The pathology report indicated that the patient had squamous cell carcinoma (SCC) of the lung, a diagnosis that was consistent with an x-ray and computed tomography (CT) scan that were also done.
Lung cancer is a malignant neoplasm of the lung arising from the respiratory epithelium (bronchi, bronchioles/alveoli). The 4 major cell types responsible for 88% of cases are:
○ adenocarcinoma (including bronchoalveolar)—32% of cases
○ squamous cell carcinoma—29% of cases
○ small cell (or oat cell) carcinoma—18% of cases
○ large cell (or large cell anaplastic)—9% of cases.
Smoking is the major risk factor for lung cancer; a smoking history (current or former) is present in 90% of cases, with a risk ratio (RR) of 13 (passive smoke exposure has a RR of 1.5). Skin nodules from lung cancer metastases may not be painful but are a poor prognostic sign.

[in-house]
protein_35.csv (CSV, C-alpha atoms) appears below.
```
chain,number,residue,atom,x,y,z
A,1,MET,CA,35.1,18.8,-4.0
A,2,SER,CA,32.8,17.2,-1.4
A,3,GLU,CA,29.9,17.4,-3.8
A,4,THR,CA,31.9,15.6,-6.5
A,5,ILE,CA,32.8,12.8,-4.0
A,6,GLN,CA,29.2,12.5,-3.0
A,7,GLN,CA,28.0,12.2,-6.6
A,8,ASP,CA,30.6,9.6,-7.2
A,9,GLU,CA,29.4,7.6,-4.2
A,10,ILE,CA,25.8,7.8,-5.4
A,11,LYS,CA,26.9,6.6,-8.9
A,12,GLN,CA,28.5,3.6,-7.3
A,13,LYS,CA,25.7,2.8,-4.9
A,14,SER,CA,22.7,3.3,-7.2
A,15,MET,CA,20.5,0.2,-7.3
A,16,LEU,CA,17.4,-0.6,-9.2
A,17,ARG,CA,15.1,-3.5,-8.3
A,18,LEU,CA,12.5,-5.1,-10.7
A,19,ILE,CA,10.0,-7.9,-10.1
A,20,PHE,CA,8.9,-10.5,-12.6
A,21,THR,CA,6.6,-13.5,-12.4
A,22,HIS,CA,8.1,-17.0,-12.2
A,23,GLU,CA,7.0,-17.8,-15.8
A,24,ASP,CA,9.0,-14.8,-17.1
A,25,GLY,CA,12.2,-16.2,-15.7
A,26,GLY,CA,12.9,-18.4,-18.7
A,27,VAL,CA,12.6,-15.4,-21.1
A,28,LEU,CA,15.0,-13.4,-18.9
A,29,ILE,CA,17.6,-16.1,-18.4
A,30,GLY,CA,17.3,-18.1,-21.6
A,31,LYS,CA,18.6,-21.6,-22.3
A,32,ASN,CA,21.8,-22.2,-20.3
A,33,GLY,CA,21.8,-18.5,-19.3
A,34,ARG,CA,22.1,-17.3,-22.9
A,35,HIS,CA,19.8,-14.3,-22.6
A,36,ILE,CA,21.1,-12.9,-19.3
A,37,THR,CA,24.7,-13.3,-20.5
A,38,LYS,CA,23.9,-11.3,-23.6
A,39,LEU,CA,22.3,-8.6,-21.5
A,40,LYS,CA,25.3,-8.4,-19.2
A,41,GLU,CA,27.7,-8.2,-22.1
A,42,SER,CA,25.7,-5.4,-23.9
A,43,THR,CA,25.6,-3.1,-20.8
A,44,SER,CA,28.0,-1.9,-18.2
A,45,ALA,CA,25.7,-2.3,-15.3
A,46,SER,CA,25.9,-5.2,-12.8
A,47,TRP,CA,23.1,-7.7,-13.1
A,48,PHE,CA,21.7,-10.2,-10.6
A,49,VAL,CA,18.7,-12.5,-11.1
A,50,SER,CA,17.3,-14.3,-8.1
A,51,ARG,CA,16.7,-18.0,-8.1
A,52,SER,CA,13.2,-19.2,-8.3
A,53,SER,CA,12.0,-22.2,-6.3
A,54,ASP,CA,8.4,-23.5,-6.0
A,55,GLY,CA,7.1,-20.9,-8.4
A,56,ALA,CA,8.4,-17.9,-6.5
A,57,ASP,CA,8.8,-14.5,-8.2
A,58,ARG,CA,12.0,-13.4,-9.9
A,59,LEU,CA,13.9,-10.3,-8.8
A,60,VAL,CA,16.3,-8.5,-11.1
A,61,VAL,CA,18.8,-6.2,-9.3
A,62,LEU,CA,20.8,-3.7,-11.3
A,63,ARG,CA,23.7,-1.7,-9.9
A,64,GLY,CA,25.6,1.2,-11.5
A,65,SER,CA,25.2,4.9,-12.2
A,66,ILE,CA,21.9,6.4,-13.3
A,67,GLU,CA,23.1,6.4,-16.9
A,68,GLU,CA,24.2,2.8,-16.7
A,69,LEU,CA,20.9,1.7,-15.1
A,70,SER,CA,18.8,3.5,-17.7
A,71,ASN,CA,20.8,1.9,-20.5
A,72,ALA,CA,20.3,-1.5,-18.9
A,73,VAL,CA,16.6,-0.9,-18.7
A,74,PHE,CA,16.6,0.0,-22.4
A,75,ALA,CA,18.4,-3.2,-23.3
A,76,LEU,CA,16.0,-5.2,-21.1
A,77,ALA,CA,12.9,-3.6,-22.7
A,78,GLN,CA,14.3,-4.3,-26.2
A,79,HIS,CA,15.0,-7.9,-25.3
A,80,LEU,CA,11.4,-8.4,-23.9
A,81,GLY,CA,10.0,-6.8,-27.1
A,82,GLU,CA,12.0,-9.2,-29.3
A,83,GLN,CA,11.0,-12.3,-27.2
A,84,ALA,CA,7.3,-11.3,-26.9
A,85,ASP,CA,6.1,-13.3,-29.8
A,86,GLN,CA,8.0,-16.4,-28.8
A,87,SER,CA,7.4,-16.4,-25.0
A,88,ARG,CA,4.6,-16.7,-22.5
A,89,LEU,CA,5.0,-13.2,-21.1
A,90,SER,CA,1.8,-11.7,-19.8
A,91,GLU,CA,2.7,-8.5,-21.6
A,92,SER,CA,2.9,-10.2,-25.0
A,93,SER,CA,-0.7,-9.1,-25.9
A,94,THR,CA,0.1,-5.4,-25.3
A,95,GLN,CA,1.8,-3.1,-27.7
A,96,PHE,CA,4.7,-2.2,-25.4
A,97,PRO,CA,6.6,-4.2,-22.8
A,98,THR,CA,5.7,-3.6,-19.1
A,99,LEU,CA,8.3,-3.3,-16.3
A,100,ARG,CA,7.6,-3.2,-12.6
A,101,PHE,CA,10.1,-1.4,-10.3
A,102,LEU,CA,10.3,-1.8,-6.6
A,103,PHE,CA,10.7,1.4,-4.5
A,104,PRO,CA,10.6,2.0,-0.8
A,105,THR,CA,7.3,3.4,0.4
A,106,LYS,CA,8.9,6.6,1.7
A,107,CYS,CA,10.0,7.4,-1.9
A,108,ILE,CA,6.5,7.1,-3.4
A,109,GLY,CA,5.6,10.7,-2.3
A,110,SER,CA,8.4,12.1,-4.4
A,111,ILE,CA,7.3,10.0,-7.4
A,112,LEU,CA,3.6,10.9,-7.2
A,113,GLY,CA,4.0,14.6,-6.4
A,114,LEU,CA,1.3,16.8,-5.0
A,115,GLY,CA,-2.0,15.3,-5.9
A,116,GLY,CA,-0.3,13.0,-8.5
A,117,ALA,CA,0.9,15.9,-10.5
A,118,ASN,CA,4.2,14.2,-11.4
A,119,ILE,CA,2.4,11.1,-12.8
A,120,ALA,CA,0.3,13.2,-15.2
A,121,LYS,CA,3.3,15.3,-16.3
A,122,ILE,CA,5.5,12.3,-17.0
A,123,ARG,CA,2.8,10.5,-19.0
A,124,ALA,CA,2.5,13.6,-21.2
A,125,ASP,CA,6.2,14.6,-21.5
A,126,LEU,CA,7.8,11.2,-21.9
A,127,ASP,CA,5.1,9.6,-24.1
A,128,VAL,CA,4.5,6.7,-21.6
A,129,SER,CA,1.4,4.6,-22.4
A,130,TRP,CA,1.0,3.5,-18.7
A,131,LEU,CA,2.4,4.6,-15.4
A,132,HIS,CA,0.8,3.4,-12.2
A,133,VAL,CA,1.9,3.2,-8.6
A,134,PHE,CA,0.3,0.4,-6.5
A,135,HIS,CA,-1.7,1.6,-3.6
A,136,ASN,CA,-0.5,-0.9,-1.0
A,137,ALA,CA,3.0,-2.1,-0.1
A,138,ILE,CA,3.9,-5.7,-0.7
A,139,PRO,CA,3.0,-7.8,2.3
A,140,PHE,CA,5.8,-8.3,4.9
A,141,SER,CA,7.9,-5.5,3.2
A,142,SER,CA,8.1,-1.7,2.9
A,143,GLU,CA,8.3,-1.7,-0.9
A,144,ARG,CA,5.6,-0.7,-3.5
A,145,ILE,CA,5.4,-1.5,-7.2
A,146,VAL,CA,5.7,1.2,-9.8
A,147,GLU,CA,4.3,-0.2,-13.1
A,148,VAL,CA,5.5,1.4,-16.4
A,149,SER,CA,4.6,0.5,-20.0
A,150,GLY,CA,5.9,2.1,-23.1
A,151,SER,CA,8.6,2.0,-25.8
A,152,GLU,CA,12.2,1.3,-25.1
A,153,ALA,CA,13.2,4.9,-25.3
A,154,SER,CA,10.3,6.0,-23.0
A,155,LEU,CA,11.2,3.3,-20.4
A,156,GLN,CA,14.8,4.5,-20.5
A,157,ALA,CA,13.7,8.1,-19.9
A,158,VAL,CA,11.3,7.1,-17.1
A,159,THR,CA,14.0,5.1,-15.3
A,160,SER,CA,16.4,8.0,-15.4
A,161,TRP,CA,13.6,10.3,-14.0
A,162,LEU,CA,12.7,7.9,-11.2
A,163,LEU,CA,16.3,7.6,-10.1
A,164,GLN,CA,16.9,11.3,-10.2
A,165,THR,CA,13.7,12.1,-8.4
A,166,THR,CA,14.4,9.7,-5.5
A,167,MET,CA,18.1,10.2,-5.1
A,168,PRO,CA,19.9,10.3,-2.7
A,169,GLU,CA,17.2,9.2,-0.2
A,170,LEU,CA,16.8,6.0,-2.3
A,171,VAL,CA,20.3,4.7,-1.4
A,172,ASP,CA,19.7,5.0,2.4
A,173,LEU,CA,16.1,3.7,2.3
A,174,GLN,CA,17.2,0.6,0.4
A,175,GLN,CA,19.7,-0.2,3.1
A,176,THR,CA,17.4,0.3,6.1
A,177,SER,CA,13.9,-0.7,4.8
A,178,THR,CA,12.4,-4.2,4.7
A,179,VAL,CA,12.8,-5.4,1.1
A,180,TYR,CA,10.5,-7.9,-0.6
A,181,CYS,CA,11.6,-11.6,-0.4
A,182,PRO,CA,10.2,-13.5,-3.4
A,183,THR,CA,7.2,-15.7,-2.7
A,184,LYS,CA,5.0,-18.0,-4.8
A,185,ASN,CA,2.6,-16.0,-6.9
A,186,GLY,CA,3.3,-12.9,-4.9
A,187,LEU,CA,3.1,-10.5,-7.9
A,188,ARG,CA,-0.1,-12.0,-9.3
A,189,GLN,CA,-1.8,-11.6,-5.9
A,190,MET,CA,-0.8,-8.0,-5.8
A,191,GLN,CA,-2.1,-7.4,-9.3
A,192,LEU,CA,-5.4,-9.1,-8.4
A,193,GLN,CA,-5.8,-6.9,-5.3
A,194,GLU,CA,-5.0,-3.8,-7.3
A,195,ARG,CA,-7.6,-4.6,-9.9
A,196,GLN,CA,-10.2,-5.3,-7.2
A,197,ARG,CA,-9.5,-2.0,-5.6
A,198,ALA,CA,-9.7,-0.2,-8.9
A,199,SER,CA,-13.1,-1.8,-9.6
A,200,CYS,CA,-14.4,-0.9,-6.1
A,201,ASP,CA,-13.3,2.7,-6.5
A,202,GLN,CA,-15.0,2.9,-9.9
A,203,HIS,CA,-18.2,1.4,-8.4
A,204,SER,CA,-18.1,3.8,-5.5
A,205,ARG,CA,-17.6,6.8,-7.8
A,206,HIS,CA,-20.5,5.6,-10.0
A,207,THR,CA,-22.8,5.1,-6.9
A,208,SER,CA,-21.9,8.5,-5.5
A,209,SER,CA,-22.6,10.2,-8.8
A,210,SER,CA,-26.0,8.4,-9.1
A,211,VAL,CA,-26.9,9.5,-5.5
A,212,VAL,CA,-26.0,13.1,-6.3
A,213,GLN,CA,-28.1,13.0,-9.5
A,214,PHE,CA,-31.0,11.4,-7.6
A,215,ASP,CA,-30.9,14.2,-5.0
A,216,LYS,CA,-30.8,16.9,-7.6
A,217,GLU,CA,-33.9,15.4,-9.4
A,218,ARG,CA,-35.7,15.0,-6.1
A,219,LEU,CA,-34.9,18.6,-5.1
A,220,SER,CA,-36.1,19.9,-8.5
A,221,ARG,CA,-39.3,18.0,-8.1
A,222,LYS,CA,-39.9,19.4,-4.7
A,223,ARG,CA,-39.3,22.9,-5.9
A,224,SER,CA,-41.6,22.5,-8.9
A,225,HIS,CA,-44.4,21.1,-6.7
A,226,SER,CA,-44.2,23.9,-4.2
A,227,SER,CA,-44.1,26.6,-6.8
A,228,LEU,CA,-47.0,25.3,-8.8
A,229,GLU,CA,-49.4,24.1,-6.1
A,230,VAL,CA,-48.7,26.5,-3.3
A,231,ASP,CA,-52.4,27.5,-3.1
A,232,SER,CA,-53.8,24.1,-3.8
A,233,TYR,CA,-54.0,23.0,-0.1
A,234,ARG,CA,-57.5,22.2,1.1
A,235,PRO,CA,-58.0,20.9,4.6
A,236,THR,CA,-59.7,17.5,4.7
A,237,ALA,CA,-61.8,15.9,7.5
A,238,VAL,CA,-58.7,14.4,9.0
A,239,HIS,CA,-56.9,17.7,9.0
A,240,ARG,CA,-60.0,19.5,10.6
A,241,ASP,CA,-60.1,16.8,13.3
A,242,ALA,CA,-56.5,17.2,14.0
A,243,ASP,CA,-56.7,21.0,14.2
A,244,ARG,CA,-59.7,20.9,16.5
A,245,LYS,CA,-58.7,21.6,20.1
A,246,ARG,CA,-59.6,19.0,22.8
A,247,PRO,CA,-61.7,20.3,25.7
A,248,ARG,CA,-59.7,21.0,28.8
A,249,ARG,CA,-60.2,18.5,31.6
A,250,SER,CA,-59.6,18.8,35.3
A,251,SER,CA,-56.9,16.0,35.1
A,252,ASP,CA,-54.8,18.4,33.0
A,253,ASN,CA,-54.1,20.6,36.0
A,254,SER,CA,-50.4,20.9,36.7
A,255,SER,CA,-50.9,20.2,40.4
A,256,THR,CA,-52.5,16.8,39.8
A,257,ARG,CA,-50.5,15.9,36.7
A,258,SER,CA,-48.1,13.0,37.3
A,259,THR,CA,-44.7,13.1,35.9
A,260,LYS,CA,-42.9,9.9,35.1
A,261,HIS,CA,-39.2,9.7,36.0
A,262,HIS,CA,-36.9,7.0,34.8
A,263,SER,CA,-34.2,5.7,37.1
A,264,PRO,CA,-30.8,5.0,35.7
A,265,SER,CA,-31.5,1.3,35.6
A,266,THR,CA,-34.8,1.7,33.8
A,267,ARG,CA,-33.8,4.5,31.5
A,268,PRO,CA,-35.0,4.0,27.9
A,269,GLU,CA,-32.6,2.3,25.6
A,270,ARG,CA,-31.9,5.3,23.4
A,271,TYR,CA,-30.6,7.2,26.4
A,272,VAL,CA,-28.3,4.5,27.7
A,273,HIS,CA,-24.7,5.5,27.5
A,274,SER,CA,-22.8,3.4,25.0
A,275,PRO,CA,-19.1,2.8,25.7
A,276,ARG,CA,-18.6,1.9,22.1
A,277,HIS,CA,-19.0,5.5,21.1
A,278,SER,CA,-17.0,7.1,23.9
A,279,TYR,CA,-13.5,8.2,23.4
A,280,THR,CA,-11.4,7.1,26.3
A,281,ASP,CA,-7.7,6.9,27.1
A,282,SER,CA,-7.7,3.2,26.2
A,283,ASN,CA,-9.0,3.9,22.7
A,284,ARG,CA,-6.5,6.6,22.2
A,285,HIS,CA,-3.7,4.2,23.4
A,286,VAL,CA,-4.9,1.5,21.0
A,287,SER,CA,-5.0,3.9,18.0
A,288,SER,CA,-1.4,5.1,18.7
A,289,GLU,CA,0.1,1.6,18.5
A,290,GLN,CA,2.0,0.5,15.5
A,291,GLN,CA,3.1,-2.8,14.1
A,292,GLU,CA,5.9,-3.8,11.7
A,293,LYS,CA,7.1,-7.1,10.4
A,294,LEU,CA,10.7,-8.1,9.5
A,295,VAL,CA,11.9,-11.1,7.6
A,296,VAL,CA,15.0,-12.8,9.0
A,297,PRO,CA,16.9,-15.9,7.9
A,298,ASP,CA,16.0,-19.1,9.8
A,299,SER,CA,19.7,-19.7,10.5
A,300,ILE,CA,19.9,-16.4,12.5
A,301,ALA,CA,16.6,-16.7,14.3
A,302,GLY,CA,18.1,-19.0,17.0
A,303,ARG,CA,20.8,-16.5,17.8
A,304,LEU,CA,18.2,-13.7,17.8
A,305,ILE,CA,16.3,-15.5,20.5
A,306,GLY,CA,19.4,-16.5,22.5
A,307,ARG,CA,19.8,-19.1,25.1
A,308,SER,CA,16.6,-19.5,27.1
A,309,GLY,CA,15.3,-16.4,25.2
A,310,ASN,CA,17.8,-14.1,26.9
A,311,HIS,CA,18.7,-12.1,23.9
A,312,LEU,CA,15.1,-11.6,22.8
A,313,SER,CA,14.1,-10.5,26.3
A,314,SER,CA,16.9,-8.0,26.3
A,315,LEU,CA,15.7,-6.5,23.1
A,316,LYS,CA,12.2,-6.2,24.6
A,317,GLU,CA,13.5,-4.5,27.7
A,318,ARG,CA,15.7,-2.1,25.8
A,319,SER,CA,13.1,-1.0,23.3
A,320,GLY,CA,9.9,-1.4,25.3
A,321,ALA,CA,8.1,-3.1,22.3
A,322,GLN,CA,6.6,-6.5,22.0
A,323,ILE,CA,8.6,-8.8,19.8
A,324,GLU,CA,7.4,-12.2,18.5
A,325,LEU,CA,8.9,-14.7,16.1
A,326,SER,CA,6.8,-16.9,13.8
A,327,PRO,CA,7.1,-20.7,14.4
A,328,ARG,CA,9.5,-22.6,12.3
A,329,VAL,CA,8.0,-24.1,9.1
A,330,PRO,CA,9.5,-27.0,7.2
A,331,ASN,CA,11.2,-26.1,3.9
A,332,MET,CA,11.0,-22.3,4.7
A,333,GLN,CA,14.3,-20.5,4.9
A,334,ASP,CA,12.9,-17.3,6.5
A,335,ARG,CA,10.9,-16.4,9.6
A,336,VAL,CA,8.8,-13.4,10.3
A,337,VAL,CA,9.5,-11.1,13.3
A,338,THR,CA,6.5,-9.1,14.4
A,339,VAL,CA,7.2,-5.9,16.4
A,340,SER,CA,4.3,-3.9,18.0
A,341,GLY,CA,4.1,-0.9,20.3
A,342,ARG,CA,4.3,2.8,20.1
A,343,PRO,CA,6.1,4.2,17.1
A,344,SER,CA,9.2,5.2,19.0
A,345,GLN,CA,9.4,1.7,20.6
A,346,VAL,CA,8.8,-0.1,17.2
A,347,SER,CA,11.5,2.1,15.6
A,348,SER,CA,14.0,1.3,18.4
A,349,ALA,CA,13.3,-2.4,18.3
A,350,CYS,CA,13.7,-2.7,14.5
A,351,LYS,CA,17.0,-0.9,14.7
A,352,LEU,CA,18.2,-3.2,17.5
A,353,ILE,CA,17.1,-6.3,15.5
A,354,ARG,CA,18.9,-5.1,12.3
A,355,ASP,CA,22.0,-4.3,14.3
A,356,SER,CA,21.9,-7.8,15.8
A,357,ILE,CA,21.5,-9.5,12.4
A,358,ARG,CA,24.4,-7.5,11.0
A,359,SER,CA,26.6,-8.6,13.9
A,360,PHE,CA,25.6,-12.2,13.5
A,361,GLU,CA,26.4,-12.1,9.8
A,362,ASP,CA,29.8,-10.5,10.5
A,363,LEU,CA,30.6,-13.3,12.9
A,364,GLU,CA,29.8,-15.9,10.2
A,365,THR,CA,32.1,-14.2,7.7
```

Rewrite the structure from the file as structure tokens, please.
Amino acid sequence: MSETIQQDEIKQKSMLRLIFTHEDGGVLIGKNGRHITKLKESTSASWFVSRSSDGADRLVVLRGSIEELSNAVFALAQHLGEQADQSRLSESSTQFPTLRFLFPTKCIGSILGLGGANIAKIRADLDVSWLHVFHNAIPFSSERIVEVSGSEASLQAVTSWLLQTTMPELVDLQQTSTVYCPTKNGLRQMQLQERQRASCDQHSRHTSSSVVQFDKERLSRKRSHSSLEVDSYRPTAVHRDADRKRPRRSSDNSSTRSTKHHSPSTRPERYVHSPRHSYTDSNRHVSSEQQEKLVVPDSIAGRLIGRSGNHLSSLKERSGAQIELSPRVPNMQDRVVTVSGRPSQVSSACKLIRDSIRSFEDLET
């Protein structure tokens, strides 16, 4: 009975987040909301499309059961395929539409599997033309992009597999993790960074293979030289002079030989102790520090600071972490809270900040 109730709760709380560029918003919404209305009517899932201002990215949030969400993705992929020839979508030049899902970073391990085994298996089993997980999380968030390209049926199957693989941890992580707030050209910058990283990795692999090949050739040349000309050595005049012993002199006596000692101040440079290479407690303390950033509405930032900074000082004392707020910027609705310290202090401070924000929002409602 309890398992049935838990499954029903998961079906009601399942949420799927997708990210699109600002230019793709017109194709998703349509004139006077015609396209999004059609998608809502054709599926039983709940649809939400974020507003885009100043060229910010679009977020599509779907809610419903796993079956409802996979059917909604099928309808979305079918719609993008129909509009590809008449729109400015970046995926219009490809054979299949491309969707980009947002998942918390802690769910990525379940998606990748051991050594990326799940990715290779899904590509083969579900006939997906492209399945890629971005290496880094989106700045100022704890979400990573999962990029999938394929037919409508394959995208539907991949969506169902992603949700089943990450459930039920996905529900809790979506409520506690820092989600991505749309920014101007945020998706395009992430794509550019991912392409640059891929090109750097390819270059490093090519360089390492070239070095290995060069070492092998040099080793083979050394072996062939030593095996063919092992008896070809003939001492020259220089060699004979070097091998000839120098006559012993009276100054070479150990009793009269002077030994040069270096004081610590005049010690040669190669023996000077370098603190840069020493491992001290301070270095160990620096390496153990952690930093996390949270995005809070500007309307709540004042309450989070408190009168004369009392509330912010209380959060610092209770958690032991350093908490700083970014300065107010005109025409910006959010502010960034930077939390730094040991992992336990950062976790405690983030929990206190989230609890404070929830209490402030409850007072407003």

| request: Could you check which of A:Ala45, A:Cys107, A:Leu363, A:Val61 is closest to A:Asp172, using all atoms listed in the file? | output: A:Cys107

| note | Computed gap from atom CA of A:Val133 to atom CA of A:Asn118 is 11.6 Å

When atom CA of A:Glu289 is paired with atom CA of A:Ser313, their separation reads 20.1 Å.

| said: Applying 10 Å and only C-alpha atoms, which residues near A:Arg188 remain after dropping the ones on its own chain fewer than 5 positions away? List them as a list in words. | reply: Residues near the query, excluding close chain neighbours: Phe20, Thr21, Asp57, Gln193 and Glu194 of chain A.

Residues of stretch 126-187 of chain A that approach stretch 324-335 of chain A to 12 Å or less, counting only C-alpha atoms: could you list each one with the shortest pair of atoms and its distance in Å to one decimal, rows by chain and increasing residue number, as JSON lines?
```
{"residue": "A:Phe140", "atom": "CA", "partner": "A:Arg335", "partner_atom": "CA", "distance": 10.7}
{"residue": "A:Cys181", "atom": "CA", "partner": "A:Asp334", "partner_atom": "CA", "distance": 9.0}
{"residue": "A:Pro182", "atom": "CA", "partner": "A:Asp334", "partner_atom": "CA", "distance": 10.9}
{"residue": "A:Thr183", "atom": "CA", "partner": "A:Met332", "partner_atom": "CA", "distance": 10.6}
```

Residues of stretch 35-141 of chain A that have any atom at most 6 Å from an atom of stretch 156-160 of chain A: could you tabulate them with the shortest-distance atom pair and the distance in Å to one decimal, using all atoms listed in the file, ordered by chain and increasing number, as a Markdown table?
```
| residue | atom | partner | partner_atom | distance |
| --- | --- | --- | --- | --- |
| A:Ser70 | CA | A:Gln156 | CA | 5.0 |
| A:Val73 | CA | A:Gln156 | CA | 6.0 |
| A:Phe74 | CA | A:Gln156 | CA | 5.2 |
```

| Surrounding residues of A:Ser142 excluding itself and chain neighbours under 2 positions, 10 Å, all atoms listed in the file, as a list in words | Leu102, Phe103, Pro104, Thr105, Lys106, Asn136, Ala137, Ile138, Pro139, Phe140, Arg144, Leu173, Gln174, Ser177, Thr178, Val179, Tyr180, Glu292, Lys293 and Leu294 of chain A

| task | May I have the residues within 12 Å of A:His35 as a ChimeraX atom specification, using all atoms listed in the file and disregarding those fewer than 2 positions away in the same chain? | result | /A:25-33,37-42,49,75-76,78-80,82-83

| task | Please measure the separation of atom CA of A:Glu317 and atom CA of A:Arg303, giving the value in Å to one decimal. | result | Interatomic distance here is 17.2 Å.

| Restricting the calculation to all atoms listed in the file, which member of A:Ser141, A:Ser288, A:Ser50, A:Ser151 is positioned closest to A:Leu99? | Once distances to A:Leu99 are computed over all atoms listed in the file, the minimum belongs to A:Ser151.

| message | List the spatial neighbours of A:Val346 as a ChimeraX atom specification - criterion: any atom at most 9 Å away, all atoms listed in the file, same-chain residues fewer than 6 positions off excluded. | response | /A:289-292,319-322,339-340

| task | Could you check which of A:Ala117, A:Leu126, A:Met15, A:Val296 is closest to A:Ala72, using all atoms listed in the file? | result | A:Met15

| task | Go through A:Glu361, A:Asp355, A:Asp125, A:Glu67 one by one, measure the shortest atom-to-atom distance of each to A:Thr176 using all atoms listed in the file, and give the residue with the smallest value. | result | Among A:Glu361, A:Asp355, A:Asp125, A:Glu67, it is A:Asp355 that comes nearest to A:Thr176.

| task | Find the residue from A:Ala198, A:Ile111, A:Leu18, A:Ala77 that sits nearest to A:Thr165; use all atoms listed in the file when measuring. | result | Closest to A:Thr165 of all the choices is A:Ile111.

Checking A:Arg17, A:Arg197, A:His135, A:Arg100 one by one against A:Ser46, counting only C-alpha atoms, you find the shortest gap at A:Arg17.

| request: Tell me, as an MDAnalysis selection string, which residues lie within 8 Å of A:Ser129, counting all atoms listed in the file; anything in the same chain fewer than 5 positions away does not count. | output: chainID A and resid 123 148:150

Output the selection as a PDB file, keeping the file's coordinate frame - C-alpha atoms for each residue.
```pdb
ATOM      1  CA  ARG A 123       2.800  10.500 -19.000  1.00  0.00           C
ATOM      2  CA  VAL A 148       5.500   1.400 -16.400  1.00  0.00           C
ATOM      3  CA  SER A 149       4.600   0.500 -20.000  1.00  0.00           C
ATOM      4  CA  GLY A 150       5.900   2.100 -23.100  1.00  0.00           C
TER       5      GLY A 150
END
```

Any time spent helping your patients quit smoking may help avert a fatal outcome. In this case, the patient opted not to receive treatment. She passed away 10 months later.
Photos courtesy of Leonard Chow, MD, Ross Lawler, MD, and David Kasper, DO. Text for Photo Rounds Friday courtesy of Richard P. Usatine, MD. This case was adapted from: Smith M. Lung cancer. In: Usatine R, Smith M, Mayeaux EJ, et al, eds. Color Atlas of Family Medicine. 2nd ed. New York, NY: McGraw-Hill; 2013:355-364.
To learn more about the Color Atlas of Family Medicine, see: http://www.amazon.com/Color-Family-Medicine-Richard-Usatine/dp/0071769641/
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